'Your daughter is special… she’s going to be a world changer. When the world shuts her out, she won’t take no for an answer.'
This is what the stranger in line behind at us at the pizza place says. I’m a little taken aback. Charlee is one year old and is the happiest, most pinch-able little girl on the planet. I can’t picture her doing anything, except loving someone to death.
That was one year before the doctors told us that Charlee had a genetic deletion of her FMR1, FMR2 and IDS genes - a deletion big enough to have killed her if she had been a boy.
Sometimes Fred asks me: 'Why can’t Charlee talk?' or 'Why does Charlee scream?' The only explanation I have come up with that he can understand is that your body is like a puzzle and sometimes there can be some missing pieces. I don’t particularly like that explanation, because to me nothing is missing – she is perfect, a perfect reflection of God’s grace in my life.
A gift of love
Charlee sees the people that most of us would pass by. She befriends the elderly lady that no one sees come into the church; she holds the hand of the little girl in a wheelchair waiting with her mum; she blows kisses to beggars and paints a smile on sad faces. I think she is amazing.
One Sunday we piled into the car with friends and headed to the children's ward at Mulago Hospital. Mulago is the largest government hospital in Uganda and is very over-populated and under-resourced. I was afraid of what we might find there, but Charlee marched fearlessly in and started talking to mothers, praying for babies and fitting right in.
'Charlee’s disabilities don't limit her, they make her perfect – just the way God intended her to be'
She was very alert in taking everything in. A mama with three-month-old preemie twins was more than happy to let Charlee hold one for a bit. She has been in the hospital alone since their birth and specifically called us back to pray with her, even though she is a Muslim. She just needed someone to care.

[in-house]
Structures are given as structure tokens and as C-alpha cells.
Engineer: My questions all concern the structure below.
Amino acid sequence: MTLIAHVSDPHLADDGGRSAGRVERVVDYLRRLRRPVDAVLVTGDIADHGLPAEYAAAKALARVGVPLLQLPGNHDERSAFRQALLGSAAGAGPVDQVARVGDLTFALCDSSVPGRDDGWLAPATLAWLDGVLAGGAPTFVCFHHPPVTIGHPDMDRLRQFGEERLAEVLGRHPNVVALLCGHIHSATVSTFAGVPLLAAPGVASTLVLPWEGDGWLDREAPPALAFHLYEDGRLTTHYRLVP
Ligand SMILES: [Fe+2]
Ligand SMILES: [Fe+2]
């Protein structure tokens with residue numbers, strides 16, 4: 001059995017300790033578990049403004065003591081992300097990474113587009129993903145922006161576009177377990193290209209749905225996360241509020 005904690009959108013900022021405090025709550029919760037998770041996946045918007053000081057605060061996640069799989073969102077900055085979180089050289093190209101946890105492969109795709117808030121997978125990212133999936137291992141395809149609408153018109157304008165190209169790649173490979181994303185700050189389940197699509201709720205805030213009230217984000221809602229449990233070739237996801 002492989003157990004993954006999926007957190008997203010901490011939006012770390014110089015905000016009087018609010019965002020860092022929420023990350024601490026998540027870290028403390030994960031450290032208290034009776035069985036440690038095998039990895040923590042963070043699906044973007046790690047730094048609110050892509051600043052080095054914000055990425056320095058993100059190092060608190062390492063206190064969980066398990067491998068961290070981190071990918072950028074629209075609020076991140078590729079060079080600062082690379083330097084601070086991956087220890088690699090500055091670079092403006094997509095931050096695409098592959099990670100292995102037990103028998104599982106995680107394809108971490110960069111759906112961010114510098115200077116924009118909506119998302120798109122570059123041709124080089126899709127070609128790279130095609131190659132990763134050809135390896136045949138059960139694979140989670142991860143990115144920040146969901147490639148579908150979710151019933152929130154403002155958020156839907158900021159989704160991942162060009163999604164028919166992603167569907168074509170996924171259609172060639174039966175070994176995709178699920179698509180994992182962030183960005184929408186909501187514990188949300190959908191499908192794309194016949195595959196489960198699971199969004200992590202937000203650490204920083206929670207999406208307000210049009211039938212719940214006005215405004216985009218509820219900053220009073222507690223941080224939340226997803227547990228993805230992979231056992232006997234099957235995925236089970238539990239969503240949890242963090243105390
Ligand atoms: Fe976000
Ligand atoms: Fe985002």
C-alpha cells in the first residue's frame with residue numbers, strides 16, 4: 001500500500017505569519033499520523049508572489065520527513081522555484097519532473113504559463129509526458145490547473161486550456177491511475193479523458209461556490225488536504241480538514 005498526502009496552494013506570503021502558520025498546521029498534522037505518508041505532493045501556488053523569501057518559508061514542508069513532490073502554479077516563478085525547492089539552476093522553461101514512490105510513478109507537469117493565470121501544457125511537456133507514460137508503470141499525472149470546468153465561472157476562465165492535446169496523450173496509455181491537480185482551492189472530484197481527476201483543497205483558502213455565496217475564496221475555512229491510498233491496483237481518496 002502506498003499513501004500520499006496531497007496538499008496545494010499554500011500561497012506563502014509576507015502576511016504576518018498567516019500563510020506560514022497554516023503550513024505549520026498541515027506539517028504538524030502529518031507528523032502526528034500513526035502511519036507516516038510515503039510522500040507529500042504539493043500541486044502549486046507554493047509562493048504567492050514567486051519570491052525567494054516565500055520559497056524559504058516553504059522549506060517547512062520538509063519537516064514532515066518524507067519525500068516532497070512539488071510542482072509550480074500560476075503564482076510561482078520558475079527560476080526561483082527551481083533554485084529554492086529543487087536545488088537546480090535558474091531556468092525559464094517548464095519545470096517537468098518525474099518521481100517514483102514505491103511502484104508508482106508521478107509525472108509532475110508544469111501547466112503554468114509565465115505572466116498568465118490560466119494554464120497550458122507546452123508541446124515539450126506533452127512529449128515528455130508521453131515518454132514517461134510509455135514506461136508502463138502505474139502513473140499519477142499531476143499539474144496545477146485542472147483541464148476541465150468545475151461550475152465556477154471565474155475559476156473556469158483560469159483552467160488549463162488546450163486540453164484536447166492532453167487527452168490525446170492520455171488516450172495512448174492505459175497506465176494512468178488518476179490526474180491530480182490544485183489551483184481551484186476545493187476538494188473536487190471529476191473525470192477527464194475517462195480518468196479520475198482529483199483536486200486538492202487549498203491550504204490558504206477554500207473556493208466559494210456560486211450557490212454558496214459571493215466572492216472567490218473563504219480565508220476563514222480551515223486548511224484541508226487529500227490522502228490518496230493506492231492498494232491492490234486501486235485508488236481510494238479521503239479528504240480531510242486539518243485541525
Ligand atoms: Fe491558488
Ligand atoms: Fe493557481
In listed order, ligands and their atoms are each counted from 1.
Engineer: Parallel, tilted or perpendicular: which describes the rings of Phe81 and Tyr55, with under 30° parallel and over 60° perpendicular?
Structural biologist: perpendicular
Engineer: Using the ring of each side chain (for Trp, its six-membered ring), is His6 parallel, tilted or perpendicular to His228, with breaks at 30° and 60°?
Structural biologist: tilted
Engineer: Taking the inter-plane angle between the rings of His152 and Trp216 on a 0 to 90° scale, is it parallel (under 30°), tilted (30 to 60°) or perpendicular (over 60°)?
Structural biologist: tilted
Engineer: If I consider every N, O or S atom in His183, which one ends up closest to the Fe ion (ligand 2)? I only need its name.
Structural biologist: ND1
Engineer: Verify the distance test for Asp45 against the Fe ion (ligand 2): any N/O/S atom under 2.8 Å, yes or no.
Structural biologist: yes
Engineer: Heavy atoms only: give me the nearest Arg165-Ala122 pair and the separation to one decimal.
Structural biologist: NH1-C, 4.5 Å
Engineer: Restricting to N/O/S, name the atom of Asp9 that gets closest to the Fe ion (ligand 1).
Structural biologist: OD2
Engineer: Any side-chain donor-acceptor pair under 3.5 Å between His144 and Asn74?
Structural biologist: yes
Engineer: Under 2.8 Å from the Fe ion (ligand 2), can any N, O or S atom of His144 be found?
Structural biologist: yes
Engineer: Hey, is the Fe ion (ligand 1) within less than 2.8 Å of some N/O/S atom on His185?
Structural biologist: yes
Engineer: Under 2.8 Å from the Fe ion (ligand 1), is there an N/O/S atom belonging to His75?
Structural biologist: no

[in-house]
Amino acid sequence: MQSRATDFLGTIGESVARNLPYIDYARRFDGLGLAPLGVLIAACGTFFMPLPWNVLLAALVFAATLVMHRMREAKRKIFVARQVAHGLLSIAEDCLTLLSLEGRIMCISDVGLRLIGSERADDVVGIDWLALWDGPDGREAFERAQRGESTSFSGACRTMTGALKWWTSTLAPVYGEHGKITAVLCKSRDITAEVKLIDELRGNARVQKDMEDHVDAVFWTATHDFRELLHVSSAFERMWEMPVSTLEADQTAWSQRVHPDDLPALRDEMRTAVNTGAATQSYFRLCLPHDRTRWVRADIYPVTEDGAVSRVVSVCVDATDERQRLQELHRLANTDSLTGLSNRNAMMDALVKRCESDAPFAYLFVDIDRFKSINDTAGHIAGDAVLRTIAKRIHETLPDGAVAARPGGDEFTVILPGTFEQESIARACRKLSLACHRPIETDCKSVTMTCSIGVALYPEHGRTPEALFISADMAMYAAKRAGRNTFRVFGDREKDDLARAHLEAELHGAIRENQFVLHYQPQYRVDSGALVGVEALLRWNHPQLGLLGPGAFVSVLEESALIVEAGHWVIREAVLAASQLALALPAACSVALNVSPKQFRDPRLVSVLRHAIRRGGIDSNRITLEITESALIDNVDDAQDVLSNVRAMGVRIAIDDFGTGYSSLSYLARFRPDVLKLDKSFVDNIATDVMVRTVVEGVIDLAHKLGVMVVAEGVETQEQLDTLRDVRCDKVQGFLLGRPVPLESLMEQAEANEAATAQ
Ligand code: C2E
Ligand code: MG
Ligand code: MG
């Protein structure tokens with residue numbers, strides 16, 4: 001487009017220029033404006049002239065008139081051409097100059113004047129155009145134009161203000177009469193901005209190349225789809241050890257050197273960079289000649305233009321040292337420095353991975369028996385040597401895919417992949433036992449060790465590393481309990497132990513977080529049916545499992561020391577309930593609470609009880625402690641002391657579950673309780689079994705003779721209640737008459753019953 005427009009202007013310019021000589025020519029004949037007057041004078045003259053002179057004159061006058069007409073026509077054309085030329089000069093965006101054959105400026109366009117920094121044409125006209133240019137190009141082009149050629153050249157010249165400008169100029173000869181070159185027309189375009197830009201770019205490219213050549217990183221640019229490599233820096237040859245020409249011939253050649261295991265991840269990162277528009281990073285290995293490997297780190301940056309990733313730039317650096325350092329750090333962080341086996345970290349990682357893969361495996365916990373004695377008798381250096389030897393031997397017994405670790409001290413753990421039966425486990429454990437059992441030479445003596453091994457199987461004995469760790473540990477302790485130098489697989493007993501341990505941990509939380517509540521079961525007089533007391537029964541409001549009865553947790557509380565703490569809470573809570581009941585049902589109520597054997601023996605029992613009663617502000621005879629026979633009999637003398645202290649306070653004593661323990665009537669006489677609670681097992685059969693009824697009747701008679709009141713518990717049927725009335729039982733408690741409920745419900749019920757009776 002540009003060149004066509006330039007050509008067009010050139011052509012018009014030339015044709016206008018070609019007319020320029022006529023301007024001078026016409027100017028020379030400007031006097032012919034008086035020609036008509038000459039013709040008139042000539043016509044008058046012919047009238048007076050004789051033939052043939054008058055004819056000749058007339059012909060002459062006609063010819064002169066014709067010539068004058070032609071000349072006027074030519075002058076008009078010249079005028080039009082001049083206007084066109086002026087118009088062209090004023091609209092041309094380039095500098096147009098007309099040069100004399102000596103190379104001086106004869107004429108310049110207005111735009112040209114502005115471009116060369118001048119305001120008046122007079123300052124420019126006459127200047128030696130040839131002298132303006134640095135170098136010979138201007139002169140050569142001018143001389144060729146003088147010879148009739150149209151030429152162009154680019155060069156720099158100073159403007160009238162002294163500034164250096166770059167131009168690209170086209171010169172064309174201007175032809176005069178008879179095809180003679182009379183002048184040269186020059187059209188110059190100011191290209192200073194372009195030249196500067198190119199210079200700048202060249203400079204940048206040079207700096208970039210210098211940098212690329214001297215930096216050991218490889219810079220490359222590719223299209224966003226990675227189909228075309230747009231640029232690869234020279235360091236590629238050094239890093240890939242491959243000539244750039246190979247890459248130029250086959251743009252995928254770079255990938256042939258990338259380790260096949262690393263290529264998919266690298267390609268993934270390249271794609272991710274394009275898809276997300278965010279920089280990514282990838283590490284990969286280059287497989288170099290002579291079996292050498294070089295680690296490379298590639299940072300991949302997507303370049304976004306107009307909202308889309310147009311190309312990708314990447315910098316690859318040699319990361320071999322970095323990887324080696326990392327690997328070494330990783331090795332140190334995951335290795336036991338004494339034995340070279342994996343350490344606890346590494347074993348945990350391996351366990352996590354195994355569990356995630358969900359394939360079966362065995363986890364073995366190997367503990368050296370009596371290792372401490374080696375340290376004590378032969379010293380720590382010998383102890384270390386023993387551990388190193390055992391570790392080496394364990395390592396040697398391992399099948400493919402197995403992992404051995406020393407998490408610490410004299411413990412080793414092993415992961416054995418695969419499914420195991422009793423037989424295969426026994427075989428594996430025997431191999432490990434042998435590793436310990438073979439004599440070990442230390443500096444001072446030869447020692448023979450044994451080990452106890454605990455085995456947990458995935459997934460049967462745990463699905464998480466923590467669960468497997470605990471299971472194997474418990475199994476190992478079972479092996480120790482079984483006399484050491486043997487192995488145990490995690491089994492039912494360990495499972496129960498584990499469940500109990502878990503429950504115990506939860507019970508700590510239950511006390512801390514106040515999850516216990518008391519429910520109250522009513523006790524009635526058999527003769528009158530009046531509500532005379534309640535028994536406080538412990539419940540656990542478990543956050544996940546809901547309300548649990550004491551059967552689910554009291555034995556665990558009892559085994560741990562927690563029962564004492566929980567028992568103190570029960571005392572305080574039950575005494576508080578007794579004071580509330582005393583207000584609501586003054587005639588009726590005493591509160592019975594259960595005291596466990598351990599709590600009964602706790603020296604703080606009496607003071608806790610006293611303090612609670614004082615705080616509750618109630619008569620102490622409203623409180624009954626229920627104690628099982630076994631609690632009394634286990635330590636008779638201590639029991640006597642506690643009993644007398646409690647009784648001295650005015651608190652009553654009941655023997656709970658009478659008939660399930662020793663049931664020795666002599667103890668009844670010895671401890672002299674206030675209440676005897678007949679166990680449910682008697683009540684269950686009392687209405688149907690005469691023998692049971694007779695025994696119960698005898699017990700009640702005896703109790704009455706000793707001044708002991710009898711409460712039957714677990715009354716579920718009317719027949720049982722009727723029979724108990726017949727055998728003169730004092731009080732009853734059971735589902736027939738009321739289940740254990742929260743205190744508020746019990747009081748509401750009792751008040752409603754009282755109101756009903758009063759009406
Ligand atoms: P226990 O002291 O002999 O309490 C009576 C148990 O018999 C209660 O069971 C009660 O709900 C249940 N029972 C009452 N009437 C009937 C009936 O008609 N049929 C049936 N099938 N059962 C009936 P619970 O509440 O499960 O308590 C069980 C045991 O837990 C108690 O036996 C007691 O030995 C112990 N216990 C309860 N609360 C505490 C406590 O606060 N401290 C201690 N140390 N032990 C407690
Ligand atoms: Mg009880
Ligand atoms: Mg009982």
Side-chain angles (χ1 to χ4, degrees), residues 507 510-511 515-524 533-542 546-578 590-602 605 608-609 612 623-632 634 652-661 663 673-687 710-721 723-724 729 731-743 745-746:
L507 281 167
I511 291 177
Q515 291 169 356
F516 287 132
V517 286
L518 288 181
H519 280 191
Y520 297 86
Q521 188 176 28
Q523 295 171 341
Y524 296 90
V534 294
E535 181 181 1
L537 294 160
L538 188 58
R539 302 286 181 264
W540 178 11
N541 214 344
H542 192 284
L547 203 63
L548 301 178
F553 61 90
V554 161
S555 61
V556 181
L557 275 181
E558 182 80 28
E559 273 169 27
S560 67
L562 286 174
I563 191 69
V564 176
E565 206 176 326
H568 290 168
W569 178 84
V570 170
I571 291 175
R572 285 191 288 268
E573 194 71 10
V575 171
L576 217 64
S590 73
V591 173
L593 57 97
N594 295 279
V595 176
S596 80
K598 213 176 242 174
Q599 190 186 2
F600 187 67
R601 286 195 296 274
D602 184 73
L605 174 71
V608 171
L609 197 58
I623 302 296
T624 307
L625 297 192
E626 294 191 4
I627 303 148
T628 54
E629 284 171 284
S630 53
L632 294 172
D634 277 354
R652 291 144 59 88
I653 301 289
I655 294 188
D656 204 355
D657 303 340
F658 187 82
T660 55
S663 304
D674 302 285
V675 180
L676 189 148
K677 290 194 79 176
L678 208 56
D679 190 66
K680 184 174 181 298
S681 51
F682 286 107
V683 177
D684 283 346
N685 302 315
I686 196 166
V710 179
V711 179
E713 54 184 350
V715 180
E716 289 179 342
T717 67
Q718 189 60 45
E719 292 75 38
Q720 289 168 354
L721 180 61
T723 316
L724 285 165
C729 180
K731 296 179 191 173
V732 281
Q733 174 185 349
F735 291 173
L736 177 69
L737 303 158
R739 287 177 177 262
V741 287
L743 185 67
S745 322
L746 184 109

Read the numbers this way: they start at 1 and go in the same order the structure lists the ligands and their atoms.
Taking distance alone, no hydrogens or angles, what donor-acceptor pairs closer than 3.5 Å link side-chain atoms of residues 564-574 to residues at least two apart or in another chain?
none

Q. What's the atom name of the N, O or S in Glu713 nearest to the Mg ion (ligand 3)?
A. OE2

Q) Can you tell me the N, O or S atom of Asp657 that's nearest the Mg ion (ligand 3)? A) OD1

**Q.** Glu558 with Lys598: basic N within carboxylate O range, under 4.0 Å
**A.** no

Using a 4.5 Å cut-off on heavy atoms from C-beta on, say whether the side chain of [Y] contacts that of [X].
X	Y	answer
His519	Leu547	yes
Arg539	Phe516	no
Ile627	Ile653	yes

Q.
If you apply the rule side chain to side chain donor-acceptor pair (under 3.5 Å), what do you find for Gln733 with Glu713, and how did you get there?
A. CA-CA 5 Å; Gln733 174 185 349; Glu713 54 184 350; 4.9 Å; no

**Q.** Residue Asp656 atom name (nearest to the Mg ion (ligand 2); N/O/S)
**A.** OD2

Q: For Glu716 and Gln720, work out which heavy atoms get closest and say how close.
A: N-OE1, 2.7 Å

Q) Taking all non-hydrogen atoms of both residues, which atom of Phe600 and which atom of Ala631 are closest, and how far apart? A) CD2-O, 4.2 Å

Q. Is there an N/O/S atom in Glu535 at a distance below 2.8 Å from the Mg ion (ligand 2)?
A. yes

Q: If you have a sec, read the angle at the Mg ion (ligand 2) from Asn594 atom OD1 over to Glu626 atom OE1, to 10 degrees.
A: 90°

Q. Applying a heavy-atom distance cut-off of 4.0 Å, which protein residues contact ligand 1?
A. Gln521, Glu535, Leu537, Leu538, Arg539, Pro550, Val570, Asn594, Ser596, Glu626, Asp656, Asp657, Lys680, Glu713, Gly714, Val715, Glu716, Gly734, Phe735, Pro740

Charlee and a friend spent time with a sick boy who was tucked away in the corner. They stood there with him and held his hand, even after his dad said, 'It doesn't matter.' These little girls see the hope in the situation.
A little guy, Matthew, was one of the only babies here alone. Every time we walked away, he would cry, so she would go back and kiss him, and then we would move on and she would go back and kiss him...
A gift of hope
The greatest gift I received last Christmas wasn't something I could unwrap or tuck away under the tree – it was a Christmas party for a group of special needs kids.
The plan unfolded between us, a small Ugandan Baptist Church and two other MAF staff and their families and everything fell very effortlessly into place. I was so excited, I could hardly contain myself!
The day was truly beautiful. When we arrived in the little room at the church all the parents and kids were already singing and dancing… pure joy on their faces. The caregivers went around the room and introduced themselves and their children through a translator; most of them referring to these kids as 'their greatest blessing' or 'my gift from God'. Something that was so amazing to hear in a culture that can view them as rejects.
Every family received a bag of groceries stocked with soap, salt, sugar, milk, dried beans and peas, maize flour and other supplies to feed the family over the next week or more. The best part of it all was that every child received a wrapped gift.
There was one girl who was carried in at the very end. She had missed all the food and festivities, and even all the presents had been given. Charlee didn’t hesitate – she took the last gift – her gift – over and gave it to the girl.
A gift of joy
Being a parent to a special needs daughter is, well, special. I would have never chosen this for my family – or for Charlee – but now that’s it’s here, I would not 'un-choose' it either.
Days can be hilarious, or hard, or humbling… I rejoice over the small things (dressing herself is fun, yet ‘make-a-huge-mess’ new skill!) or get upset at the comments people feel at liberty to speak, just because she’s not your average almost-seven-year-old… but mostly our days are filled with joy. I’m convinced that more joy passes through her heart in an instant than some of us experience all year.
She’s taught us to be gracious, understanding and compassionate. She’s taught me that anyone can be a warrior, if they need to be. And most importantly, she’s shown us that everyone has something real to offer. Charlee’s disabilities don't limit her, they make her perfect – just the way God intended her to be.